Use of linked patient data to assess the effect of Long-COVID on system-wide healthcare utilisation

Ben J. Murch, Sarah E. Hollier, Charlie Kenward, Richard M. Wood

Research output: Contribution to journalArticlepeer-review


Background: Within the relatively early stages of the COVID-19 pandemic, there had been an awareness of the potential longer-term effects of infection (so called Long-COVID) but little was known of the ongoing demands such patients may place on healthcare services. Objective: To investigate whether COVID-19 illness is associated with increased post-acute healthcare utilisation. Method: Using linked data from primary care, secondary care, mental health and community services, activity volumes were compared across the 3 months preceding and proceeding COVID-19 diagnoses for 7,791 individuals, with a distinction made between whether or not patients were hospitalised for treatment. Differences were assessed against those of a control group containing individuals who had not received a COVID-19 diagnosis. All data were sourced from the authors’ healthcare system in South West England. Results: For hospitalised COVID-19 cases, a statistically significant increase in non-elective admissions was identified for males and females <65 years. For non-hospitalised cases, statistically significant increases were identified in GP Doctor and Nurse attendances and GP prescriptions (males and females, all ages); Emergency Department attendances (females <65 years); Mental Health contacts (males and females ≥65 years); and Outpatient consultations (males ≥65 years). Conclusion: There is evidence of an association between positive COVID-19 diagnosis and increased post-acute activity within particular healthcare settings. Linked patient-level data provides information that can be useful to understand ongoing healthcare needs resulting from Long-COVID, and support the configuration of Long-COVID pathways of care.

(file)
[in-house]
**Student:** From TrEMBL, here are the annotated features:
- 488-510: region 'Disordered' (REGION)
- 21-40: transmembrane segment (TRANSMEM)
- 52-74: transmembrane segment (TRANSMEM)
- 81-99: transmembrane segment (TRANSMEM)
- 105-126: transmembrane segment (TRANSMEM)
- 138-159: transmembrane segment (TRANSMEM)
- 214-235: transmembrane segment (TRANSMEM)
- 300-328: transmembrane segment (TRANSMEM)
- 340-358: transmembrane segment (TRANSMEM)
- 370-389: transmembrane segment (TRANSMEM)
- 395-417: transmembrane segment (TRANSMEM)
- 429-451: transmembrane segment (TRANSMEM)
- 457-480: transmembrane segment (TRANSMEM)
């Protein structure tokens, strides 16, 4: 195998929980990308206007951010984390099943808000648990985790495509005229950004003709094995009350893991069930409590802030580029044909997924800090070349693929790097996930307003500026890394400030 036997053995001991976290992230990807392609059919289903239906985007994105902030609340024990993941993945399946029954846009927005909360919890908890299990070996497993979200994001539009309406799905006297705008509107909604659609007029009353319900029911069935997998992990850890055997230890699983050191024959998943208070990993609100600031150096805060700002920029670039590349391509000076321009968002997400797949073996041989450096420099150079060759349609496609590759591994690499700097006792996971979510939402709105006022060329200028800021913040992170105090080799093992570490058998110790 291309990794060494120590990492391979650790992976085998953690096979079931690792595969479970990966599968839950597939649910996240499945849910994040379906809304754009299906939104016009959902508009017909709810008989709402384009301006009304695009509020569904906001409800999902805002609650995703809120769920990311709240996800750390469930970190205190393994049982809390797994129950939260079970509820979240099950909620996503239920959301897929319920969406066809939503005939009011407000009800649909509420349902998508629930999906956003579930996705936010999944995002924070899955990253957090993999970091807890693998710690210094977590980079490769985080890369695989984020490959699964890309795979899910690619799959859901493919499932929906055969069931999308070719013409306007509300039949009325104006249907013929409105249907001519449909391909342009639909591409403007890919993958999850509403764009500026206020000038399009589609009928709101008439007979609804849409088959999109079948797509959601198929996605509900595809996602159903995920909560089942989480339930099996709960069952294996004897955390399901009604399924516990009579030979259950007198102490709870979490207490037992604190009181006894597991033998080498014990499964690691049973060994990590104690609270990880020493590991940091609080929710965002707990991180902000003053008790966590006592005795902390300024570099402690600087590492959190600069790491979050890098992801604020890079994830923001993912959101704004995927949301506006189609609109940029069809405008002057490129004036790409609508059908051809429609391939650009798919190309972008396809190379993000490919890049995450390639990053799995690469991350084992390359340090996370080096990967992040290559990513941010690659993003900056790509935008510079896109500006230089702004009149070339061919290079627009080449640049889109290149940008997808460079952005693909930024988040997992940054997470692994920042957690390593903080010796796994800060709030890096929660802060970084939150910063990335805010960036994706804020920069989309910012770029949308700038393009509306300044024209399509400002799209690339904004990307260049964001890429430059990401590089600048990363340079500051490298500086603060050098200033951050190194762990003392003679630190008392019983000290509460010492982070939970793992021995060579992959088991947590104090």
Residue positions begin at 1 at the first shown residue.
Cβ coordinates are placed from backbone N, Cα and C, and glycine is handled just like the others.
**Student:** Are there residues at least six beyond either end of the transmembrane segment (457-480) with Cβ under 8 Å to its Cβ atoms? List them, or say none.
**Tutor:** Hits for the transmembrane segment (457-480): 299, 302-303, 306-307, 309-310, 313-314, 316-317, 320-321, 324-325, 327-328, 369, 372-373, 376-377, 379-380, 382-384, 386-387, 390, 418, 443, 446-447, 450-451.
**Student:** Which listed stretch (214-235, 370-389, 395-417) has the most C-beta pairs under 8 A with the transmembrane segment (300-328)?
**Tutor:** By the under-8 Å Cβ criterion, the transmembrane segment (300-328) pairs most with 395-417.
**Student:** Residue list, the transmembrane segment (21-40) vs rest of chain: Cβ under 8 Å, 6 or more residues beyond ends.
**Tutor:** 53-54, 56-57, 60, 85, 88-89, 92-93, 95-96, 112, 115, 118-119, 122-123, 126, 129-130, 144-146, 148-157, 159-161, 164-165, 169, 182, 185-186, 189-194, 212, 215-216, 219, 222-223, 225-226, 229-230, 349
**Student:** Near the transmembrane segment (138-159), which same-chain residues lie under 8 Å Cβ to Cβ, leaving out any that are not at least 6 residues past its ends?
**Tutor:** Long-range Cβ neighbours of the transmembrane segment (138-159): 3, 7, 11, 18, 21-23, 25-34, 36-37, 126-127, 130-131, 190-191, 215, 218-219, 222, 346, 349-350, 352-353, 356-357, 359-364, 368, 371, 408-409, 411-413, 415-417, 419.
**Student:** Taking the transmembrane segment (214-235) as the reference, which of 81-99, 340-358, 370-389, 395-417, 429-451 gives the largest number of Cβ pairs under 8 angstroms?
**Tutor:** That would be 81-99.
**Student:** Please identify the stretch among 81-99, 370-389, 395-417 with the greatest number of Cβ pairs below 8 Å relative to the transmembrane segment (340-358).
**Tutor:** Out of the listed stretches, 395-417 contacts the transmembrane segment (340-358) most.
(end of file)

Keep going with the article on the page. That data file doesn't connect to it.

Original languageEnglish
JournalHealth Information Management Journal
Publication statusE-pub ahead of print - 25 May 2022
Externally publishedYes


  • communicable diseases
  • COVID-19
  • data linkage
  • delivery of healthcare
  • health information management
  • health services needs and demand

ASJC Scopus subject areas

  • Leadership and Management
  • Health Policy
  • Health Informatics
  • Health Information Management


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